Last week the S&P 500 traded down 1.08% on Friday and finished lower by 0.78% for the week.  The number of shares traded on the NYSE was the biggest so far this year and the decliners outnumbered advancers approximately 3 to 1.


No sector was up on the day, although six sectors did outperform on a relative basis.  Only one sector, Utilities, broke TRADE on the Hedgeye Risk Management quant models.   


As we look at today’s set up the range for the S&P 500 narrowed from 35 points on Friday to 20 points or 0.44% (1,131) downside and 1.32% (1,151) upside.  At the time of writing the major market futures are trading flattish on the day.  


On the MACRO front, the markets had a number of mixed economic data points to consider on Friday.  First, January preliminary University of Michigan confidence was slightly disappointing at 72.8 versus consensus 74.   Second, December Industrial Production was in line at 0.6%, while November was revised down to 0.6% from 0.8%. December Capacity Utilization was 72.0% versus consensus 71.8%; while November was revised up to 71.5% from 71.3%. Third, December CPI was 2.7% versus consensus 2.8% versus the November reading of 1.8%.  On the positive side of the MACRO data January Empire Manufacturing was 15.92, much stronger versus consensus 12.


Treasuries rallied across the curve on Friday and the dollar index was up 0.77% on the day; the Dollar index had its first up day in the last five trading days.  The increase in the dollar pressured commodities as Oil and Gold traded down on the day. 


The worst performing sector last Friday was Financials (XLF).  Within the XLF, the Banks lead the sector lower with the Bank Index (BKX) down 2.1%, with the investment banks weaker too.  While the Obama “responsibility tax” was front and center it was JPM earnings that were the key negative data point for the day.   As it related to JPM, revenues disappointed and there were lots of questions raised about the quality of the quarter with an outlook less robust.  Regional banks were also weak on the day.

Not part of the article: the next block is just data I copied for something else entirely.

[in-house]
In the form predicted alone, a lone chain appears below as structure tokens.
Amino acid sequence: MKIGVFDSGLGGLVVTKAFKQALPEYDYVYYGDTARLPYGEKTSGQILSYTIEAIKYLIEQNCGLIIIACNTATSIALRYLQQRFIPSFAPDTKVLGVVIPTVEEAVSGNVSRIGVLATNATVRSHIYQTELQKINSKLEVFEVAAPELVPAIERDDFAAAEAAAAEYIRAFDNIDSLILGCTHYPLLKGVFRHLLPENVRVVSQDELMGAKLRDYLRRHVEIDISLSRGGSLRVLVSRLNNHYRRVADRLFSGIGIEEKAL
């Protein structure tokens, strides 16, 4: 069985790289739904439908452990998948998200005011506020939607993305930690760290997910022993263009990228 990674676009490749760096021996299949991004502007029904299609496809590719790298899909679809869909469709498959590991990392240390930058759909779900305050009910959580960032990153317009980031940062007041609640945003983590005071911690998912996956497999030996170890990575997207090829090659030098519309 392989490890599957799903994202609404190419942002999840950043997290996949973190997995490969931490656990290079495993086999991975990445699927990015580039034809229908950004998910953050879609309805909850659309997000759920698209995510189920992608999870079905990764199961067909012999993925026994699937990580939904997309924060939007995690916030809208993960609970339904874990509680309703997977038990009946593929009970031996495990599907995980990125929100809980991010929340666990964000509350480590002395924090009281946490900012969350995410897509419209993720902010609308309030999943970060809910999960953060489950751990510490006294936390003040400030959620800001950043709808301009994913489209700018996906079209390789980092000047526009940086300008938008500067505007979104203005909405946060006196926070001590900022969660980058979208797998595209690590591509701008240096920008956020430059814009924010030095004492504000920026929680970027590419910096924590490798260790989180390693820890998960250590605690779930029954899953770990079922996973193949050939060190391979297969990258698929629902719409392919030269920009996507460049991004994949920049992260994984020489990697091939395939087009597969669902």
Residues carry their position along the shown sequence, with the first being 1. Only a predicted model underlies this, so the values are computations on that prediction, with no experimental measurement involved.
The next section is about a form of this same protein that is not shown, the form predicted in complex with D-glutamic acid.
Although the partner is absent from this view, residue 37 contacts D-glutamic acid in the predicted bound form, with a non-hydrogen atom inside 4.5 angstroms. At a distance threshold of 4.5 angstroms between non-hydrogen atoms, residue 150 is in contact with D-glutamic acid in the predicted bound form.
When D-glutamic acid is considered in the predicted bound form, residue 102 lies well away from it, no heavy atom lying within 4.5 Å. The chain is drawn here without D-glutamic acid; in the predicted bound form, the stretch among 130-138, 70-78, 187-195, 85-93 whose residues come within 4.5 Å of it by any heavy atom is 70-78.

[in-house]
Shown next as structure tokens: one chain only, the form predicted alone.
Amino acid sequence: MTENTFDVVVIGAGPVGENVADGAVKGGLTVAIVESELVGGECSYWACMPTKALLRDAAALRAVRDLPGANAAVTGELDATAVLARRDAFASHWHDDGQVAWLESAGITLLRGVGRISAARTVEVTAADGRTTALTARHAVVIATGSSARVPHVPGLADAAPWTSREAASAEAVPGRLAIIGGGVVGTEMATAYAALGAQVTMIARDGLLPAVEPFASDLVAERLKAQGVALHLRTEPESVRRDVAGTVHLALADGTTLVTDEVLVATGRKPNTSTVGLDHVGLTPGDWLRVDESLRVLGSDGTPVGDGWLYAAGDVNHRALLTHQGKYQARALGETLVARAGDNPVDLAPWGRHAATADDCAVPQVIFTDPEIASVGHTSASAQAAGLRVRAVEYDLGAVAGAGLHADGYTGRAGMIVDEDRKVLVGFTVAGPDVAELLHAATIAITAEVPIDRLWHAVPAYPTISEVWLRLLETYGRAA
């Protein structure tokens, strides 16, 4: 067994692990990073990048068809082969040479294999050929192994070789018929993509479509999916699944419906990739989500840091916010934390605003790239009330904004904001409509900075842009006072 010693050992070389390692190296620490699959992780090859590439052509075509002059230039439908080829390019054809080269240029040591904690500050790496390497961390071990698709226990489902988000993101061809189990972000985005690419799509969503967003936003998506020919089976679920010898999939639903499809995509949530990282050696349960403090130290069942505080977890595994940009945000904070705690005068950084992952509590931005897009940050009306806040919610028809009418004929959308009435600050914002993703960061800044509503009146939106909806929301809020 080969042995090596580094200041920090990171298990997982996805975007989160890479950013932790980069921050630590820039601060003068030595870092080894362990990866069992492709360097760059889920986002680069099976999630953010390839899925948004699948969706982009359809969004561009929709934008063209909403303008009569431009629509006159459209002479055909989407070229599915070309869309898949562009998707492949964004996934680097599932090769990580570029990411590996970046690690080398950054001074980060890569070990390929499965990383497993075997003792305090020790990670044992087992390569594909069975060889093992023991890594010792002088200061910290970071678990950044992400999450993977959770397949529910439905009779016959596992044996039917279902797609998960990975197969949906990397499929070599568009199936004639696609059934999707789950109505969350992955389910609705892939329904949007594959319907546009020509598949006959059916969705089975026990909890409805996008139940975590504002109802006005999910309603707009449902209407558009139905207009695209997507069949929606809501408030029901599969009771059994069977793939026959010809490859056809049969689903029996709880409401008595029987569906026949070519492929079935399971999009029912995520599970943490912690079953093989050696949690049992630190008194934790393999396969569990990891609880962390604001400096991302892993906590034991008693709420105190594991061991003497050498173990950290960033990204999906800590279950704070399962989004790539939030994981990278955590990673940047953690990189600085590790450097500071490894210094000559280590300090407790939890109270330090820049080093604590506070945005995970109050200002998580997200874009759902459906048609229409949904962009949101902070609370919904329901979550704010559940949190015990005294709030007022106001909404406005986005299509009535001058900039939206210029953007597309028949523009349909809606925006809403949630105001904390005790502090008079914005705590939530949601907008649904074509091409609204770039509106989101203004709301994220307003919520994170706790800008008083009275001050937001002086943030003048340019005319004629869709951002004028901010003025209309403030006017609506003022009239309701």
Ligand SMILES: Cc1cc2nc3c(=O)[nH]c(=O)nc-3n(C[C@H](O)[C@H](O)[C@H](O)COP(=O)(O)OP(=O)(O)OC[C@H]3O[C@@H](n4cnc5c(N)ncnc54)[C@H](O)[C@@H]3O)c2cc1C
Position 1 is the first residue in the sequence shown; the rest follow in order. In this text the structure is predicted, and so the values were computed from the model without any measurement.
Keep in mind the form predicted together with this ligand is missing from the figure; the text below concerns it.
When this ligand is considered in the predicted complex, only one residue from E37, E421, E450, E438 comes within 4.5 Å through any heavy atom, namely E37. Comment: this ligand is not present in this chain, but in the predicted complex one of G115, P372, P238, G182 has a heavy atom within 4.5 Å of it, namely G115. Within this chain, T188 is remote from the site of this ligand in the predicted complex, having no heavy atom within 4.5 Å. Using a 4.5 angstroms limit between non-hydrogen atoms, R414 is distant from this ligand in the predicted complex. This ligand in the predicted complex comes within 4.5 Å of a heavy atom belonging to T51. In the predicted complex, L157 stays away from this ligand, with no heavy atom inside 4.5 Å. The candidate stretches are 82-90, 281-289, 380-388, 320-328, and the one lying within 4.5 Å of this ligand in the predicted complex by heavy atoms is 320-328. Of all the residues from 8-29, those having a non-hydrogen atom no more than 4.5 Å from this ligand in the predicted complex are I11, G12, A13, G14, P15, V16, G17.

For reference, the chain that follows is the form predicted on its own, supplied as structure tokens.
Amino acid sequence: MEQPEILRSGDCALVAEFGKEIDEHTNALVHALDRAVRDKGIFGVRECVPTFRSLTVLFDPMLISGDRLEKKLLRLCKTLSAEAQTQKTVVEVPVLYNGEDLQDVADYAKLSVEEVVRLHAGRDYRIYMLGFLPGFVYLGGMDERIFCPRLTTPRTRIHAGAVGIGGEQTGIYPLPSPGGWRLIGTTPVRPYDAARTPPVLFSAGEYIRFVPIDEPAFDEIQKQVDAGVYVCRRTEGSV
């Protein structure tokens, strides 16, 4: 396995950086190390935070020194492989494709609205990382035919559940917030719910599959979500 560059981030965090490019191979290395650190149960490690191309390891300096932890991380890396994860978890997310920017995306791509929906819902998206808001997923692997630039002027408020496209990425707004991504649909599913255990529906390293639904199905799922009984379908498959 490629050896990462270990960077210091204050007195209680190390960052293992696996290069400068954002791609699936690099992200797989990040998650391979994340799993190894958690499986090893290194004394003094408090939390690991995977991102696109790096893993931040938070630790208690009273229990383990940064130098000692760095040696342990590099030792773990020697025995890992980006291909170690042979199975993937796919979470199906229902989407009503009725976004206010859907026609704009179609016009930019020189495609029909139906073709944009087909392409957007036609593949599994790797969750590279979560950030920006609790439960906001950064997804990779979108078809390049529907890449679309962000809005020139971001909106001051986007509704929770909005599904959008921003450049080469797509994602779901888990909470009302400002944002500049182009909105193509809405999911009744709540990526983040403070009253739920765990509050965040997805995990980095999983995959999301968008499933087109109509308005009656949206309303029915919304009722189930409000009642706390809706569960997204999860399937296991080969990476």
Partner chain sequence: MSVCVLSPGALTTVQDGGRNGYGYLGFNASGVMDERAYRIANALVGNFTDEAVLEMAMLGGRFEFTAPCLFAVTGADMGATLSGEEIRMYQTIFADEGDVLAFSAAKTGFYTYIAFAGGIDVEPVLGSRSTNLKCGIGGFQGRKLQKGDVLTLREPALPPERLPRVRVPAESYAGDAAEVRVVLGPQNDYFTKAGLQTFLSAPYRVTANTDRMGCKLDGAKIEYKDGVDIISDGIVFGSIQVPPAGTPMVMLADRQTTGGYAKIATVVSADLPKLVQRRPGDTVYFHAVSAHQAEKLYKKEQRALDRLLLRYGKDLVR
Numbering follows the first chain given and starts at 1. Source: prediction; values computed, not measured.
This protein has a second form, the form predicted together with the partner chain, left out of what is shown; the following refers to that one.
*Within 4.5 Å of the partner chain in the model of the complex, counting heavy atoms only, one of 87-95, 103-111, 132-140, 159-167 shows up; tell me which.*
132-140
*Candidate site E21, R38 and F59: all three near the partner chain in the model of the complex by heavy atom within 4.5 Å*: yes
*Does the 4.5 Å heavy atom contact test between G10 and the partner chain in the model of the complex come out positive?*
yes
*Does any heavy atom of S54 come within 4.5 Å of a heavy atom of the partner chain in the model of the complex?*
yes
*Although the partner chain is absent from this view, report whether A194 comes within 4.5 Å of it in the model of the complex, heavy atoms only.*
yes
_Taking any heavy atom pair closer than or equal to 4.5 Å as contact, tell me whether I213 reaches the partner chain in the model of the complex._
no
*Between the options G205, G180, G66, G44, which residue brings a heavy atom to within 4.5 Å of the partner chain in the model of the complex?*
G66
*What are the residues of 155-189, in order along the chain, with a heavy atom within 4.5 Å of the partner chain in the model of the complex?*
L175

Technology (XLK) was the second worst performing sector on the day, as the Semiconductor index (SOX) declined 3.4% on the day.  INTC declined 3.1% despite reporting a good quarter last, although higher than expected inventory and unsustainable gross margin concerns were an issue.


On a relative basis, the best performing sector last Friday was the Consumer Staples (XLP).  The XLP benefitted from KFT as it improved 1.6% on the day.  Consumer Discretionary performed in line with the market, down 1.1%; the XLY was facing a bearish consumer confidence number. 


Yesterday, the CRB index closed lower 1.02% on the back of a decline in Energy commodities; nearly every other major commodity traded higher last Friday.   


In early trading Copper is trading up 1% after declining for the previous two days.  The Hedgeye Risk Management Quant models have the following levels for COPPER – buy Trade (3.32) and Sell Trade (3.48).


In early trading Gold is trading down about 0.2% to 1,131. GOLD continues to underperform especially when compared to other precious metals.  Gold continues to trade in a fairly tight range and consolidating around the 1,130 level.  The Hedgeye Risk Management models have the following levels for GOLD – buy Trade (1,118) and Sell Trade (1,153).


Last week crude oil traded lower for five straight days, declining 5.7%, and is trading down flat in early trading today.  The Hedgeye Risk Management models have the following levels for OIL – buy Trade (77.27) and Sell Trade (81.37).


Overnight most Asian markets traded to the downside, although China ended slightly higher on the day.  The Chinese market traded higher, despite the fact that China raised its yield on one-year bills for the second week in a row.  Europe is down across the board, after trading higher on Monday. 


Howard Penney

Managing Director














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